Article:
Capitalism and the profit motive are in some kind of competition with science and utopian thinking, in determining what happens to us both technologically and socially. So there again it’s an interaction, maybe a struggle for control. Ultimately we decide what we want in a big amorphous process we call history.[Wealthy industrialists] want to perpetuate their power, and as a class they’re therefore dangerous and need to be legislated into harmlessness. I’d like to see individual income taxed as progressively as in the Eisenhower administration, and then also see corporate assets taxed in a similar fashion, as suggested by Thomas Piketty. Then the wealthy would have enough to be comfortable, but not enough to try to buy the political system.My feeling is that evolution is more likely than revolution, so what we need to conceptualize is very rapid evolution. [...] I think it’s better to go immediately to work on all possible reforms and evolutionary changes, than it would be to declare the situation so bad that we need a revolution if we’re going to succeed.The book was mostly written in 2015 and the first three months of 2016, so for the most part its thinking predates the current situation.New York pizza is like the shark or the cockroach, and having achieved perfection in its ecological niche it will persist in its current form for the next 350 million years.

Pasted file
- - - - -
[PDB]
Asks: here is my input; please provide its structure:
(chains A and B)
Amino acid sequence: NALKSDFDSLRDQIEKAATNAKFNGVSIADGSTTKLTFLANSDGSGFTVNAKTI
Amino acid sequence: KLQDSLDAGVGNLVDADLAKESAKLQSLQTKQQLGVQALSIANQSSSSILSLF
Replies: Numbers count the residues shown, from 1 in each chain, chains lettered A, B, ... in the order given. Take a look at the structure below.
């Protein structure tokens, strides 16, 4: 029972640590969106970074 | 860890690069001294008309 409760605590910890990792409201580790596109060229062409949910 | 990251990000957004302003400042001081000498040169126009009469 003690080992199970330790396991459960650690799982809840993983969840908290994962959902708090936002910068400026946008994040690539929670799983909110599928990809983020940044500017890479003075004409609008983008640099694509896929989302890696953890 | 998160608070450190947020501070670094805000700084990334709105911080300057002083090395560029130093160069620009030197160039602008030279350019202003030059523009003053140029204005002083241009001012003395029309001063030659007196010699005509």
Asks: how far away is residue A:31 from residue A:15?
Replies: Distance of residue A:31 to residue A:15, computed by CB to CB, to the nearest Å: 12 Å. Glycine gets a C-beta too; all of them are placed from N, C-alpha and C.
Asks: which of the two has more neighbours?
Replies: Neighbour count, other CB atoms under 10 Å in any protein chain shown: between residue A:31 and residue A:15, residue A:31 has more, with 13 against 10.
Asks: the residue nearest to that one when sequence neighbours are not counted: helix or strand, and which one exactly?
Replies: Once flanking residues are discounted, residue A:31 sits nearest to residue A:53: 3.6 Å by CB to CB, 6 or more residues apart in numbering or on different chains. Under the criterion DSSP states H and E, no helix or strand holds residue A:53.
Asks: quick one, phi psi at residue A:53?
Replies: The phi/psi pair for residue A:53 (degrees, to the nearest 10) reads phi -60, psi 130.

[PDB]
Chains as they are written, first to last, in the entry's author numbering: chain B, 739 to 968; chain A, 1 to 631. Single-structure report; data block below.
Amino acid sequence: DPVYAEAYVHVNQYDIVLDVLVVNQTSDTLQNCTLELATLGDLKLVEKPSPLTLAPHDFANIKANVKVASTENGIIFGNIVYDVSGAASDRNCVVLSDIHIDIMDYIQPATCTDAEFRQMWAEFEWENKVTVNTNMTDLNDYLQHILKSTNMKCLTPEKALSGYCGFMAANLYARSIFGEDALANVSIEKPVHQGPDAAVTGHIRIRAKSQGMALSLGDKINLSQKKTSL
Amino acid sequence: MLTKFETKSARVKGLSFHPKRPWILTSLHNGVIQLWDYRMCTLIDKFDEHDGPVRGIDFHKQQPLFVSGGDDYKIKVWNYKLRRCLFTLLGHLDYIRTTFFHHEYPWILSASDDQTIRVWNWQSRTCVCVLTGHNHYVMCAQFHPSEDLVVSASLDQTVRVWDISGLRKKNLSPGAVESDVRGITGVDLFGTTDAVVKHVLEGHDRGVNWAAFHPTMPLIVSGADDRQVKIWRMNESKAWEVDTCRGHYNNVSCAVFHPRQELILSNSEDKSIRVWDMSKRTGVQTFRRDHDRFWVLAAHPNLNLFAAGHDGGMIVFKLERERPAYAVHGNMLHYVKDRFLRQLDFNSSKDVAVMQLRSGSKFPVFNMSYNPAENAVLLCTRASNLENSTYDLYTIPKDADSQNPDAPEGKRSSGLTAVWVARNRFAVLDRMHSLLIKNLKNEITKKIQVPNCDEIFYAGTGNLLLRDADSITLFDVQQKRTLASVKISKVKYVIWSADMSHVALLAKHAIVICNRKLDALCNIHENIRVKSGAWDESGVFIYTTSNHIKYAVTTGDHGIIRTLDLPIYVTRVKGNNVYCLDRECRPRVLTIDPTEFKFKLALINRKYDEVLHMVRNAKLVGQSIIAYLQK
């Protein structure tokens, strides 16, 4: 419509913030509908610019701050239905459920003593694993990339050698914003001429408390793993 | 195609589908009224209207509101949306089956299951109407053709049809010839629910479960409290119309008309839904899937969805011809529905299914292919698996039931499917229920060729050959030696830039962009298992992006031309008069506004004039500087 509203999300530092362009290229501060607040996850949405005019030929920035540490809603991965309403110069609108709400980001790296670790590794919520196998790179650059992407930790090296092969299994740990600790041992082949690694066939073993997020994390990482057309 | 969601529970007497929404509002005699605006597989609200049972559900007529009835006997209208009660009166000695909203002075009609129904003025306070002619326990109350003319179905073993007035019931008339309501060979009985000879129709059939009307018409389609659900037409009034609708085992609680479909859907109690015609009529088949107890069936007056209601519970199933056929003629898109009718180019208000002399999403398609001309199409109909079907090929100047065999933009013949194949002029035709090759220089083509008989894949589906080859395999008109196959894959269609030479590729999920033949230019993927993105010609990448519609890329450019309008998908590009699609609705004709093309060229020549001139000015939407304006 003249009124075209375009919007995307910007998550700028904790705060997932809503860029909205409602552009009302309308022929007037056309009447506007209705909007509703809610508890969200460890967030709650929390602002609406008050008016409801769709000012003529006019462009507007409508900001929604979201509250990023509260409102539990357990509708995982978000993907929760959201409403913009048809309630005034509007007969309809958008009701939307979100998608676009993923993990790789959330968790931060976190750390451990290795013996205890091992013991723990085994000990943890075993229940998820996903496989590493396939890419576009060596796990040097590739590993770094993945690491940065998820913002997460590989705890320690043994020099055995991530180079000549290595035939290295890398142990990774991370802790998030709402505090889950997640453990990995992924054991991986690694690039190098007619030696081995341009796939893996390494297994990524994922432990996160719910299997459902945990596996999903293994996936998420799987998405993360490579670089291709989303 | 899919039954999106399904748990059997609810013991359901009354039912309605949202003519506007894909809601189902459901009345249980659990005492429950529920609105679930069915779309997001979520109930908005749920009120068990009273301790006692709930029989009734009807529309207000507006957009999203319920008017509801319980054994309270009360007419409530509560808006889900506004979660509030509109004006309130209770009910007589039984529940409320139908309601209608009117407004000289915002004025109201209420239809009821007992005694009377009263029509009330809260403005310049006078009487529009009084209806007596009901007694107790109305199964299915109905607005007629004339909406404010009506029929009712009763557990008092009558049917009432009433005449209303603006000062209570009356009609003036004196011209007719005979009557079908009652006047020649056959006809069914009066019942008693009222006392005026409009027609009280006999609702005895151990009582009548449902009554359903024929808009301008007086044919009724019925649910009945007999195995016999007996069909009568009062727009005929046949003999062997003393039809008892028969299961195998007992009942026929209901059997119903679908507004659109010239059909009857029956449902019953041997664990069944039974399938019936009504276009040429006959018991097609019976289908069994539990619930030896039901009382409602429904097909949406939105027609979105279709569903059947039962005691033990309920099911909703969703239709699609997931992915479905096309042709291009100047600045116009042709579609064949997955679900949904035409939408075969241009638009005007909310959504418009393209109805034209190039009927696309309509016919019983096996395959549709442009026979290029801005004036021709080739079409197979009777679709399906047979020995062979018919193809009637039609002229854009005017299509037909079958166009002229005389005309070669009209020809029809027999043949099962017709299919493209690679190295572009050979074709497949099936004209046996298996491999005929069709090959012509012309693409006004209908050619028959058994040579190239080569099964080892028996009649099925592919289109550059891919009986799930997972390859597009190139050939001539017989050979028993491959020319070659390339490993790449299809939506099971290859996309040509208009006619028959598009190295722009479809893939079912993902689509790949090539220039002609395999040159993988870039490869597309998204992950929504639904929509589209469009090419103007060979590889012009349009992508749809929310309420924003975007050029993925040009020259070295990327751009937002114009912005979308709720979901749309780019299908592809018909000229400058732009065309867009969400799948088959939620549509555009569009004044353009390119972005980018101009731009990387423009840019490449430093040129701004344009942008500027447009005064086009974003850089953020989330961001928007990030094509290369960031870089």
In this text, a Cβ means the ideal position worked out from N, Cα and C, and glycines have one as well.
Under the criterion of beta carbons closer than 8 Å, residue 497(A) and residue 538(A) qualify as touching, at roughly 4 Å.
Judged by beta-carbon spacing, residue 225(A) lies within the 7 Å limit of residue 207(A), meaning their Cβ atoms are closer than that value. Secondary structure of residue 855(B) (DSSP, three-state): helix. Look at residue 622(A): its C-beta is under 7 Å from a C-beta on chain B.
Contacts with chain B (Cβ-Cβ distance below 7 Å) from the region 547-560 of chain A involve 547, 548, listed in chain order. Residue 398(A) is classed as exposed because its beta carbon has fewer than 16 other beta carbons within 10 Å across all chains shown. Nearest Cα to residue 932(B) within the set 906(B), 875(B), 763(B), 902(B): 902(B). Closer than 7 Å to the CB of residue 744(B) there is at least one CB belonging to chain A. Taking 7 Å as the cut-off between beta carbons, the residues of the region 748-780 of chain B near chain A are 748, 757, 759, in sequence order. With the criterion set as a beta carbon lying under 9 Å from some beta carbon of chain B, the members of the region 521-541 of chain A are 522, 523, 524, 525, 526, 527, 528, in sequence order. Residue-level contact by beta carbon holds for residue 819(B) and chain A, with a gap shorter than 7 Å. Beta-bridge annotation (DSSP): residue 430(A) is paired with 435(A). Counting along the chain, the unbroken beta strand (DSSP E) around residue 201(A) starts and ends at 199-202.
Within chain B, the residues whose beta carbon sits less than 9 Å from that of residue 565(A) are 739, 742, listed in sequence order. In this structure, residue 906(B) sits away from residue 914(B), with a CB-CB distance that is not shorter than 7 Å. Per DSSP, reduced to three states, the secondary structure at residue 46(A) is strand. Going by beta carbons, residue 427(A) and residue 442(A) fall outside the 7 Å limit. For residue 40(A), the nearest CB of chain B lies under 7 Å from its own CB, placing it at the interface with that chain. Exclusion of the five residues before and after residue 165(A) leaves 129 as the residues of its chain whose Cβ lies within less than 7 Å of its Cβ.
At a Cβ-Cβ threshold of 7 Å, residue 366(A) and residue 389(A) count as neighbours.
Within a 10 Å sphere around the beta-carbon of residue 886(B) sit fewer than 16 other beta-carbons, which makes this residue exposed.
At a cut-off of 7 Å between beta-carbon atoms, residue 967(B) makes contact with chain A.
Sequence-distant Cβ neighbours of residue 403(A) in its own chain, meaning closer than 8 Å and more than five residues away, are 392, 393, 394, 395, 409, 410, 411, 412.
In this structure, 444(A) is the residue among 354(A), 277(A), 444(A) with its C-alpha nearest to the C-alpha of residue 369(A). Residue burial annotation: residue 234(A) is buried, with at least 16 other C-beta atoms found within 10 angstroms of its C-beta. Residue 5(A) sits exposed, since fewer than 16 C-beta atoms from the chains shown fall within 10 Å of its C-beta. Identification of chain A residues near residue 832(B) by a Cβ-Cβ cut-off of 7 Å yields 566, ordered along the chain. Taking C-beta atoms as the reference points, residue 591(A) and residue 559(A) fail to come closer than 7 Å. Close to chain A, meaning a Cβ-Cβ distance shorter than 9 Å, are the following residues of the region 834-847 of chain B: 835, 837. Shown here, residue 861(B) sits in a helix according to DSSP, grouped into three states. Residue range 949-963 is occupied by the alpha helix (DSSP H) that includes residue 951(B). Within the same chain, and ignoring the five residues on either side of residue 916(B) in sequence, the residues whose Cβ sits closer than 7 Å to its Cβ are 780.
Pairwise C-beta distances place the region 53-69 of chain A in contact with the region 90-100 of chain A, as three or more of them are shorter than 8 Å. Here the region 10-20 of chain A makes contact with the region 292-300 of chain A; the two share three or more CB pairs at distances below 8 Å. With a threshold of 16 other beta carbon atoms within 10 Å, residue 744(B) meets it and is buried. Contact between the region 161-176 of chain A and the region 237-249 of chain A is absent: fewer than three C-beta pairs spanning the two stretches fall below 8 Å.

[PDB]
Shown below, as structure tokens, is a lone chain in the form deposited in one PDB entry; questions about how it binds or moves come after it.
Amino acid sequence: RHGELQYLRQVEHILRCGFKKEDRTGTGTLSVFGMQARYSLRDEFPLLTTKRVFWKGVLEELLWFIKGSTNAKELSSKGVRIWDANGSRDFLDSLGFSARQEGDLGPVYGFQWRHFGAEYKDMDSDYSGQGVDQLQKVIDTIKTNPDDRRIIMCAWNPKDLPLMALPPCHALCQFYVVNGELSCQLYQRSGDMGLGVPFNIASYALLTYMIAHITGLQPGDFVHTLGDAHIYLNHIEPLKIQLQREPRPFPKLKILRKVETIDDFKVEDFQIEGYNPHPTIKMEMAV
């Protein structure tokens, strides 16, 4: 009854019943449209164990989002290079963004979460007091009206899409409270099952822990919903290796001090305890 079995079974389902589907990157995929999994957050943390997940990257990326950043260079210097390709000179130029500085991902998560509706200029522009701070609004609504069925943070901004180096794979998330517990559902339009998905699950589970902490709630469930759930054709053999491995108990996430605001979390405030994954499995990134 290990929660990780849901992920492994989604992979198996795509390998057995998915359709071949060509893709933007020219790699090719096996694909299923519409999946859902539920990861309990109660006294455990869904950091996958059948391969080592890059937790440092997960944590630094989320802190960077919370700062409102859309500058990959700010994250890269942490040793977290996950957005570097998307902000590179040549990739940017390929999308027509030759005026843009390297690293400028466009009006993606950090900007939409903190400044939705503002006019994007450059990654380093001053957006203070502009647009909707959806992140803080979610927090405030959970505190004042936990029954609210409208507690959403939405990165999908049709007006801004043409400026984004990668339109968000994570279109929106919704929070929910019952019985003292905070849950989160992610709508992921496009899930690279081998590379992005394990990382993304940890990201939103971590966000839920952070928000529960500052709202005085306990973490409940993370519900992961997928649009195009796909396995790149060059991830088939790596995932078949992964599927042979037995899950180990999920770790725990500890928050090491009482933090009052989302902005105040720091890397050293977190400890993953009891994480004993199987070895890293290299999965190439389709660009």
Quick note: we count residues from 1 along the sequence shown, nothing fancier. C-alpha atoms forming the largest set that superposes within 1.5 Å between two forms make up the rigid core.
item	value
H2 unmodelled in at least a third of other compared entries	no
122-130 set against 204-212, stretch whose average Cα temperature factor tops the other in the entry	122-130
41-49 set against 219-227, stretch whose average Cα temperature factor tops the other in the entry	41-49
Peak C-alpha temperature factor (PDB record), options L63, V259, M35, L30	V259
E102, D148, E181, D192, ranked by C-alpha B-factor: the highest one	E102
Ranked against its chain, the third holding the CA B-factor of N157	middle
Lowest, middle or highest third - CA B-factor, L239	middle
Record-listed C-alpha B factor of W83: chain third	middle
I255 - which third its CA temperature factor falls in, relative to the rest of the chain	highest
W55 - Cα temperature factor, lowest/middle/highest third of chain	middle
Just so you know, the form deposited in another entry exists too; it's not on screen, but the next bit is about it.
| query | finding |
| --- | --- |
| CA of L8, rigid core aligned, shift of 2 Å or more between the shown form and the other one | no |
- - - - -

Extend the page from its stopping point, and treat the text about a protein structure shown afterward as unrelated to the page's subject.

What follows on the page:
I went to my editor, Tim Holman, and said, “I want to write about global finance.” He said, “Oh God, never say that again. Horrible idea.” And I said, “But I want to do it.” So he thought for a while and said, “Well, remember that drowned Manhattan from your [science fiction novel] 2312? If you want to do finance, New York is the logical place to do it. Could you put the book in that drowned Manhattan?” In terms of picking the time, it was just a matter of making it far enough off that the sea level rise could be justified but close enough that we still have the current set of problems. You will the optimism as a political weapon to keep yourself active. It’s not easy, and it’s definitely not automatic. It’s more like, “Goddammit! I’m gonna stay optimistic!”
It is undeniably clear that Robinson’s project has become the construction of a huge metatextual history of the future [...] each new Robinson book comments on and complicates the vision of the future espoused by earlier ones, typically by refocusing our attention on some heretofore overlooked component of the problem. [...] New York 2140 remixes many of Robinson’s key futurological themes, once again with a significantly more pessimistic orientation. [...] I felt for a bit reading New York 2140 that perhaps it was no longer right to call Robinson our last great utopian visionary, as he is so often described; maybe even Stan has finally wised up and realized we’re all doomed.
This is a large-scale novel, not only in terms of its 624 pages, but also the number of characters and storylines Robinson deploys, the sheer range of themes and topics. [...] This range and variety make summarising the plot a tricky business. Lots goes on. Robinson is not a writer who does villains; none of his characters here is evil, although some are grubbier and more compromised than others. The villain in this novel is capitalism itself. [...] New York 2140 is a towering novel about a genuinely grave threat to civilisation. Impressively ambitious, it bears comparison with other visionaries’ attempts to squeeze the sprawl and energy of the US between two covers: John Dos Passos’s USA trilogy and Don DeLillo’s Underworld.
- Climate scientist Robert Kopp for The Conversation talks about the novel and the science of predicting sea level rise.
- Everdeen Mason for The Washington Post